Content fill aware is incredible because it's done by sampling bits of images around the "hole area" and rebuilding the "missing data", but it's just a guess work, and guess work works brilliantly on single images not on video. This is because the sampling areas changes from frame to frame, and recreating consistancy on moving picture, and maintaining color consistency on footage are really really hard to do in an automated way.

                         

                        Maybe others will chime in with better explanations than me, but AE is not "behind Photoshop", it's just that PS technologies works best on single shots, because it's PS job at it's root (even if it can do some 3D / video now), and the AE team focuses on video technologies (such as Rotobrush for instance).

                         

                        As both teams are working on imagery, sure some stuff overlaps between the two, and sure it can feel like AE is behind PS, but honestly, there a huge huge gap between photo and video, and automated process in one area is much more difficult than in the other.

                         

                        But hopefully, there are bridges between the two apps allowing to get bits from PS and put them into AE.

                        • 10. Re: New Roto Brush in CS5. Worth the upgrade?
                          Todd_Kopriva Level 8

                          The claim that After Effects is behind Photoshop is silly. For example, which program had layers first? (Hint: It's not Photoshop.) A more recent example is Puppet effect and Puppet Warp.

                           

                          The teams work together, and we share innovations.

                          • 11. Re: New Roto Brush in CS5. Worth the upgrade?
                            DC B. 09 Level 1

                            Sébastien, thank you for teaching me the difference between video and still images. Just curious, are you in any way associated with Adobe to make those assumptions?

                             

                            And, Todd, I cannot go that far back in time to tell which application first introduced layers. I also understand that Adobe didn't develop AE prior to the version 3.0 (if I'm not mistaking) and Photoshop is it's "native" application, thus resulting in a slightly different interfaces (even today), and possibly more difficulty for you guys to adopt whatever had been introduced in Ps. Again, it's just my guess at this point since you don't say it otherwise.

                             

                            As for my previous claim about Ps being on the forefront of Adobe's innovations, then take a look, there are so many things that Ps has that AE doesn't, for instance: range of (handy) selection tools, or cloning brushes, or layer grouping would be just a few off the top of my head. So, no offense, but Ps is way ahead of AE in that sense. (Again I understand that I cannot compare two side by side, since they both work with different media. I'm simply pointing out those nifty tools that Ps has, that would be very nice to have in AE.)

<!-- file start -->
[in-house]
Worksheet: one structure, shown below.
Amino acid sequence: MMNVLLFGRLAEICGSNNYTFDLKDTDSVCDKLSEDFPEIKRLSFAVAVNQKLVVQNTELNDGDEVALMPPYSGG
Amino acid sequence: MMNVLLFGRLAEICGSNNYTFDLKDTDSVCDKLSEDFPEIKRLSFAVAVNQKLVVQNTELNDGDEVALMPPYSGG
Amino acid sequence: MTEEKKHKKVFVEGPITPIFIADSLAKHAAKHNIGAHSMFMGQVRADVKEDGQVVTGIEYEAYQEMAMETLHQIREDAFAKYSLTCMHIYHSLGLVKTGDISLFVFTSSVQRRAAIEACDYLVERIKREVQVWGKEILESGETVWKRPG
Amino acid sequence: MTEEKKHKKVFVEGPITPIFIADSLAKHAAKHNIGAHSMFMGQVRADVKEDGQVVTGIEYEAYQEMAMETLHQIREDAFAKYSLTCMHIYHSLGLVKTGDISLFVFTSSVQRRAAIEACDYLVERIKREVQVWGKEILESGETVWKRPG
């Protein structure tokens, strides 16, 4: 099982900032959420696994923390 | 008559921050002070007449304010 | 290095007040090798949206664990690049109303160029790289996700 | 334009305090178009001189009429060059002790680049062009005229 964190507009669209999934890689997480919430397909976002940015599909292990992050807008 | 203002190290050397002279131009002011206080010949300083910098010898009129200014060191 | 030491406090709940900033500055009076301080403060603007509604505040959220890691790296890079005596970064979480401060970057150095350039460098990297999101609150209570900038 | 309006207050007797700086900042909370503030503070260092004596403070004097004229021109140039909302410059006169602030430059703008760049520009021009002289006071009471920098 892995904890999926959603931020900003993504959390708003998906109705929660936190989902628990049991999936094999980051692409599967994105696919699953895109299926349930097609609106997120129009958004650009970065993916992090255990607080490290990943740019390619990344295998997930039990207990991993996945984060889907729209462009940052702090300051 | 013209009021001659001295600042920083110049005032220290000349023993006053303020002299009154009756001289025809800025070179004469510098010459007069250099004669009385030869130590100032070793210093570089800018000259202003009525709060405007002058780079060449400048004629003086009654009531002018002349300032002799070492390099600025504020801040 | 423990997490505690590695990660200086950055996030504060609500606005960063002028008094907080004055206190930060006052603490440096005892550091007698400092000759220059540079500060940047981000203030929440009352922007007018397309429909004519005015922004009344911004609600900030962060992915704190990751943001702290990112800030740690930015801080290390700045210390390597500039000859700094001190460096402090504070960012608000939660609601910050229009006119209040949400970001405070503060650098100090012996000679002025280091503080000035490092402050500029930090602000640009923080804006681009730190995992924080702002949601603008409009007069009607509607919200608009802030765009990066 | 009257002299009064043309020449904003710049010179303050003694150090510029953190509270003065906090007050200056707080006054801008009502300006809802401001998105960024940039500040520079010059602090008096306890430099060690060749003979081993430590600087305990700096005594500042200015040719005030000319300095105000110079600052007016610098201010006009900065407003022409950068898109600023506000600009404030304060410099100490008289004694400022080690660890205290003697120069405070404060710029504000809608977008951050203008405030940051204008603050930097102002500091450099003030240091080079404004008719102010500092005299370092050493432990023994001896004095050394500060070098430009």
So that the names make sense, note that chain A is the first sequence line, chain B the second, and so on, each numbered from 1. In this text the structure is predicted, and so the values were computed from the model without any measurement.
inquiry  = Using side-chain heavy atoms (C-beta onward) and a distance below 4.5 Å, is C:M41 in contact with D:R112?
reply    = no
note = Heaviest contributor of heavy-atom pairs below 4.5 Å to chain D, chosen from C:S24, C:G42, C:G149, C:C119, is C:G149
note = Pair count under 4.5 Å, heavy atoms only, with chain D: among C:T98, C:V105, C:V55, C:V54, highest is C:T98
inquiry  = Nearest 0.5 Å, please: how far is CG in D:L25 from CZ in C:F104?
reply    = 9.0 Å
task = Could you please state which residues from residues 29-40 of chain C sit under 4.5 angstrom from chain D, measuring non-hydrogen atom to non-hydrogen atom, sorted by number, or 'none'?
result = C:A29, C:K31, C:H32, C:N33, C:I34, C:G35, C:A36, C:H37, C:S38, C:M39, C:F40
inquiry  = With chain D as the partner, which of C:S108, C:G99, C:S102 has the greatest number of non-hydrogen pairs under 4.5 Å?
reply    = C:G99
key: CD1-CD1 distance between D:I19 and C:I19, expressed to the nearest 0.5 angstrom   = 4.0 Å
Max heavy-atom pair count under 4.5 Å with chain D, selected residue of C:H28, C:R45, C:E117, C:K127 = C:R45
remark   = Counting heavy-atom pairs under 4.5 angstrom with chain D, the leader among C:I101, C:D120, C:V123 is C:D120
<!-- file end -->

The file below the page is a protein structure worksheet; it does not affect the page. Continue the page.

So is it just me, or anyone else feels the same?

                            • 12. Re: New Roto Brush in CS5. Worth the upgrade?
                              Andrew Yoole MVP & Adobe Community Professional

                              Don't forget that you can open footage files in PS and work on them that way if you want to.

                               

                              The thing to remember is that AE and PS work in very different ways, and thus some technologies simply don't translate easily (or at all).  Primarily, the major difference is that AE is conpletely non-destructive, requiring constant and frequent re-rendering of effects as you work.

                               

                              Content Aware Fill is an extremely complex technology, and to translate it in a workable way into a non-destructive motion environment like AE is not as simple as popping the plugin into a folder.  Adobe are careful to implement features properly and completely, rather than quickly and haphazardly - thank goodness.  Odds are this technology will find its way into AE at some point, but probably in a quite different form to how it works in PS.  In the meantime, there are several logical and usable workarounds to take advantage of the best possibilities within each application, as documented above.

                              • 13. Re: New Roto Brush in CS5. Worth the upgrade?
                                yenaphe Level 4

                                Nop Deb, I'm not affiliated with Adobe other than behing of user of their software for around 10 years. Damn I'm feeling so old now . I make this assumptions because I'm working in that field as a post-production supervisor, but also as a developer.

                                 

                                But another thing is to understand that Ps and AE are going in different direction. Ps is obviously a "painting program" whereas Ae is a compositing program. That's why you have much much more painting tools inside Ps, including a clone stamp. On the other hand we have masks and keyers to do this kind of job. That doesn't mean that AE users are not wanting tools from Ps, like 3D import for exemple , or layer folders !

                                 

                                So to sum it up, Ae is not a Ps for video, it's aiming different goals, but as they are both using images as their sources and are developed in the same location, they share technologies and both adapt them for their specific needs.

                                • 14. Re: New Roto Brush in CS5. Worth the upgrade?
                                  Mylenium Most Valuable Participant